Amazon

‘Houses for a New World: Builders and Buyers in American Suburbs, 1945-1965’ by Barbara Miller Lane. 320 p. Princeton University Press. $49.95

For all of the relative similitude of suburban housing stock, one fact that both volumes make very clear is the immense profusion of companies building suburban homes. Levittown was consequential, most suburban projects were smaller, many radically so. Some builders erected thousands of homes, many as few as a dozen or so. Jacobs notes a 1947 survey that suggested that 75,000 builders were embarked upon home building.

The greatest difference between these two new books is the builders on which they focus: Jacobs takes a wider-lens view that encompasses everything from tiny building companies to giants like Ryan Homes. Lane focuses directly on a few developments in an assortment of cities, helmed by a variety of agents, from Henry Kaiser of Kaiser Permanente in Los Angeles to the Campelli Brothers in Boston. Each perspective is illuminating.

Distinctive design was rarest from the larger builders, but similar trends characterized a very wide swath of construction, despite an often complicated level of agency. Jacobs cites a National Association of Home Builders study in 1959 indicating that 38.3 percent of builders designed their own homes, 34 percent used a contract or in-house architect, 12 percent hired a designer of some sort, and 6 percent purchased blueprints through a commercial service. Countless independent and uncoordinated actors who end up producing a similar monotony is unfortunately often the story of America.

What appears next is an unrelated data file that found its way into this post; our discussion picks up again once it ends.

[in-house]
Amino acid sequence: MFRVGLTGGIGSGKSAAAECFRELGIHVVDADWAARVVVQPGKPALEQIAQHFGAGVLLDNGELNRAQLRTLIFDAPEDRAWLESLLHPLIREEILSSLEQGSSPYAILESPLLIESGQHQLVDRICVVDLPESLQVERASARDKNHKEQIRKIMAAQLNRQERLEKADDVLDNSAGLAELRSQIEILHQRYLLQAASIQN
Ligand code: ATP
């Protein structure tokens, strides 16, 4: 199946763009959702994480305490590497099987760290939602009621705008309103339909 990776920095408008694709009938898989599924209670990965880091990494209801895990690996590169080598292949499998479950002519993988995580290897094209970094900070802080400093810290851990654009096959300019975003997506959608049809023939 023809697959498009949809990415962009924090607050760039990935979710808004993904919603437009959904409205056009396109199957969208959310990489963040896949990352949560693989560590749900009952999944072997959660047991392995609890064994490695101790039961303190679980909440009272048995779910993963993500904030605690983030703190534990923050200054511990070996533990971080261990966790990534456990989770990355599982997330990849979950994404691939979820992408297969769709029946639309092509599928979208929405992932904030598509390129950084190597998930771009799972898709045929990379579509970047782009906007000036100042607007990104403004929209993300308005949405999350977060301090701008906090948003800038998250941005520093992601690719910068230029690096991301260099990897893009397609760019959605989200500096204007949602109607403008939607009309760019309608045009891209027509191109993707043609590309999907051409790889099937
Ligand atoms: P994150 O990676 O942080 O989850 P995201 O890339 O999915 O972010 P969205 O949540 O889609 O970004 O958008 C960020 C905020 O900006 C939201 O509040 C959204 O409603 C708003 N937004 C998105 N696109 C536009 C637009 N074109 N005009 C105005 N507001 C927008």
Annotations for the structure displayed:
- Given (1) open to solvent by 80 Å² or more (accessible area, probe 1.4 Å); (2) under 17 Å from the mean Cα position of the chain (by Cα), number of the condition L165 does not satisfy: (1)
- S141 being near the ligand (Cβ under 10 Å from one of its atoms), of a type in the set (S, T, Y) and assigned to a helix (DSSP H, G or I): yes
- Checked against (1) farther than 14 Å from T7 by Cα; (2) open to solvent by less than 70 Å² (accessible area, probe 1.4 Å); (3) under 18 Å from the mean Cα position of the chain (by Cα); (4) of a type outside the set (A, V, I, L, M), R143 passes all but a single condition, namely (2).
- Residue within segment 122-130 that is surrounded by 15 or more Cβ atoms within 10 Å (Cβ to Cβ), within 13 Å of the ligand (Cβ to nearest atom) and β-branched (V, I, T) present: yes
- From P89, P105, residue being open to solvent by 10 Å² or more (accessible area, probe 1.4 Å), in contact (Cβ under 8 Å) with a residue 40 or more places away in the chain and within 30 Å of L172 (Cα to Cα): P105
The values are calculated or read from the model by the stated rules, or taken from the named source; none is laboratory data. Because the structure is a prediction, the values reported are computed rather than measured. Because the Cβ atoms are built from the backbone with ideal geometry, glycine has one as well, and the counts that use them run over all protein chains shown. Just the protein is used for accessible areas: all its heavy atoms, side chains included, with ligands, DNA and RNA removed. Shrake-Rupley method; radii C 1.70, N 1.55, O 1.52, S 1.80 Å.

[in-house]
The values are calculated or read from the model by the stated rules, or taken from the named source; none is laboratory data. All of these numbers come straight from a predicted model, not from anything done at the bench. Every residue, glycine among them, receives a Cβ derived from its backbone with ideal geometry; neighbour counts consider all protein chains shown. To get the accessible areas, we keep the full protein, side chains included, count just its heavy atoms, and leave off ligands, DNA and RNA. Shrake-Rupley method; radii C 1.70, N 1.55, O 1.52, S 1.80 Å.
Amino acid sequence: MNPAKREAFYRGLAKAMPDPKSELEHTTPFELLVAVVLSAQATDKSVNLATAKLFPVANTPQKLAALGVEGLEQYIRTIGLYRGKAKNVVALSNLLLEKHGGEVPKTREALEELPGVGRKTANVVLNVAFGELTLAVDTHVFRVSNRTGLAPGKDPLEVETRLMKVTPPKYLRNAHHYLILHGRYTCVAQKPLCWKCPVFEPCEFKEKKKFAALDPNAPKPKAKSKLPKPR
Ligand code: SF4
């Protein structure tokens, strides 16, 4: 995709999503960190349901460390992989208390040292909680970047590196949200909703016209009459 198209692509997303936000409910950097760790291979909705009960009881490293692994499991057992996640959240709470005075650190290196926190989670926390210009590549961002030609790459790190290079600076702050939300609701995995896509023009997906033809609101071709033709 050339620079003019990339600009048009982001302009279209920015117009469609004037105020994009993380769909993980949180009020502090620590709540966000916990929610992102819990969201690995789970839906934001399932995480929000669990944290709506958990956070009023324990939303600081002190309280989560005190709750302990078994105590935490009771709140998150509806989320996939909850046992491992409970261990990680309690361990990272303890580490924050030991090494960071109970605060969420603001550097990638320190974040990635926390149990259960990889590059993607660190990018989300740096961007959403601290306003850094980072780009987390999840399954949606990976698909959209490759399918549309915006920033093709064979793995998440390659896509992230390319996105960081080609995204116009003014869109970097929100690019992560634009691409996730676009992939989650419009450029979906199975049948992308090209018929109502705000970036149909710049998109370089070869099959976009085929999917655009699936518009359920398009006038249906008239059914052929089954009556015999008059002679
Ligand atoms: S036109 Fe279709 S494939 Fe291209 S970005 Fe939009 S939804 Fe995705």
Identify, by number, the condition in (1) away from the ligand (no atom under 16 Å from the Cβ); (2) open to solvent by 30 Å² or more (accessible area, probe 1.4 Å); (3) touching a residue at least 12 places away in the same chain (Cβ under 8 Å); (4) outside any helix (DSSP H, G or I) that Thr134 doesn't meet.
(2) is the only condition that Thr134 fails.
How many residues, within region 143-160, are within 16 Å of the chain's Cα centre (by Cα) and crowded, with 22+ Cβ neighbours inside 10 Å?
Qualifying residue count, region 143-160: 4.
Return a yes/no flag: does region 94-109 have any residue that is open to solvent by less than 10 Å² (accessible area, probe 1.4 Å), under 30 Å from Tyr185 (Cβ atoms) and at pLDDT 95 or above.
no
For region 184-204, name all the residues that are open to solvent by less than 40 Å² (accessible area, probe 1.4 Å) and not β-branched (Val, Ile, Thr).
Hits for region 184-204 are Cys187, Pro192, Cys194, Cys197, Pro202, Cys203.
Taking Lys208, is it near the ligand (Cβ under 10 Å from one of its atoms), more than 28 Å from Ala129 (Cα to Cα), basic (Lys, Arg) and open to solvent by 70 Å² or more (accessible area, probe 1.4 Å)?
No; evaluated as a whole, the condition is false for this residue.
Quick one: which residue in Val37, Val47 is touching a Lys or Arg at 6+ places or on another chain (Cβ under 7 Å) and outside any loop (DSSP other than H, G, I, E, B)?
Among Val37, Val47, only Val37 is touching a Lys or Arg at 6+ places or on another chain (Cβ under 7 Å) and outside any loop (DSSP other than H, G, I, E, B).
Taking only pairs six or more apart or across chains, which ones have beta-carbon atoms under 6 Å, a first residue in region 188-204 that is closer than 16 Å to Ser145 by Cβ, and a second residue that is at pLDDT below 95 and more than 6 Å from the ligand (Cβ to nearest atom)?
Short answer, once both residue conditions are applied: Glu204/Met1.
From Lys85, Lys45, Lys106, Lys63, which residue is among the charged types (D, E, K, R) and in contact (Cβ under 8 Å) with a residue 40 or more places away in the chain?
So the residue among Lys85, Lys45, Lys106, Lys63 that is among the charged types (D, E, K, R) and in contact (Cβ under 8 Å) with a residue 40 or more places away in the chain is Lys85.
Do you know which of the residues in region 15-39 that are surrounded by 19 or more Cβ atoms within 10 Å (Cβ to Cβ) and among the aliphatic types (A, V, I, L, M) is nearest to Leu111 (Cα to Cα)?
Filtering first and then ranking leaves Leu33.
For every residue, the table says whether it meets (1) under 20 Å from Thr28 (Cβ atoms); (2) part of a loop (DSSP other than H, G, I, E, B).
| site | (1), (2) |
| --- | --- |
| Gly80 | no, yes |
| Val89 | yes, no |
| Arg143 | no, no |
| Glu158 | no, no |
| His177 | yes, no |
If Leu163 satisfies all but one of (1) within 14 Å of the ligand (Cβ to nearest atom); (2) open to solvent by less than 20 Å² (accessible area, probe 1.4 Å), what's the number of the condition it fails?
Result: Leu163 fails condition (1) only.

The architecturally distinctive developer is rare: Joseph Eichler’s work in California, the Hollin Hills development in Northern Virginia, and a handful of other cases constitute considerable exceptions. And yet there is slightly more variety than usually receives note: one of Lane’s focuses is the slightly Usonian stone homes at Rose Tree Woods near Philadelphia. If it’s fair to lament how tremendously varied suburbia might have been, it is still inaccurate to say it’s all the same.

Amazon

‘Detached America: Building Houses in Postwar Suburbia (MidCentury: Architecture, Landscape, Urbanism, and Design)’ by James A. Jacobs. 272 p. University of Virginia Press. $45

A strength of both books, but Lane’s particularly, is the unprecedented reclassification of homes as a consumer good that one might replace repeatedly over life and the rise of advertising that retailed this new opportunity. The “Real Estate” and “Homes” sections of newspapers date from the suburban boom: even today you’ll need to be in a considerably large city to find a section whose listings aren’t principally postwar and suburban.

Suburbia also inspired unique marketing concepts: the idea of the “model home”—“The San Marino,” “The Catalina,” “The Birchleaf,” and so on. And because American capitalism never lacks for a dose of hucksterism, some model homes did install small furniture to make the rooms look bigger. More common, if less crooked, were the alliances that cropped up between housing developers and local furniture and appliance sellers who also rejoiced in this home purchasing boom.

However, the most radical shift in postwar home design is so ubiquitous that we simply take it for granted: the attached garage. Given the automobile’s essential, formative role in the creation of suburbia, Jacobs writes, “the idea that a house might include a room—and a large one at that—whose primary purpose was to store an automobile” constituted a revolution all its own—one still likely being felt just down your stairway.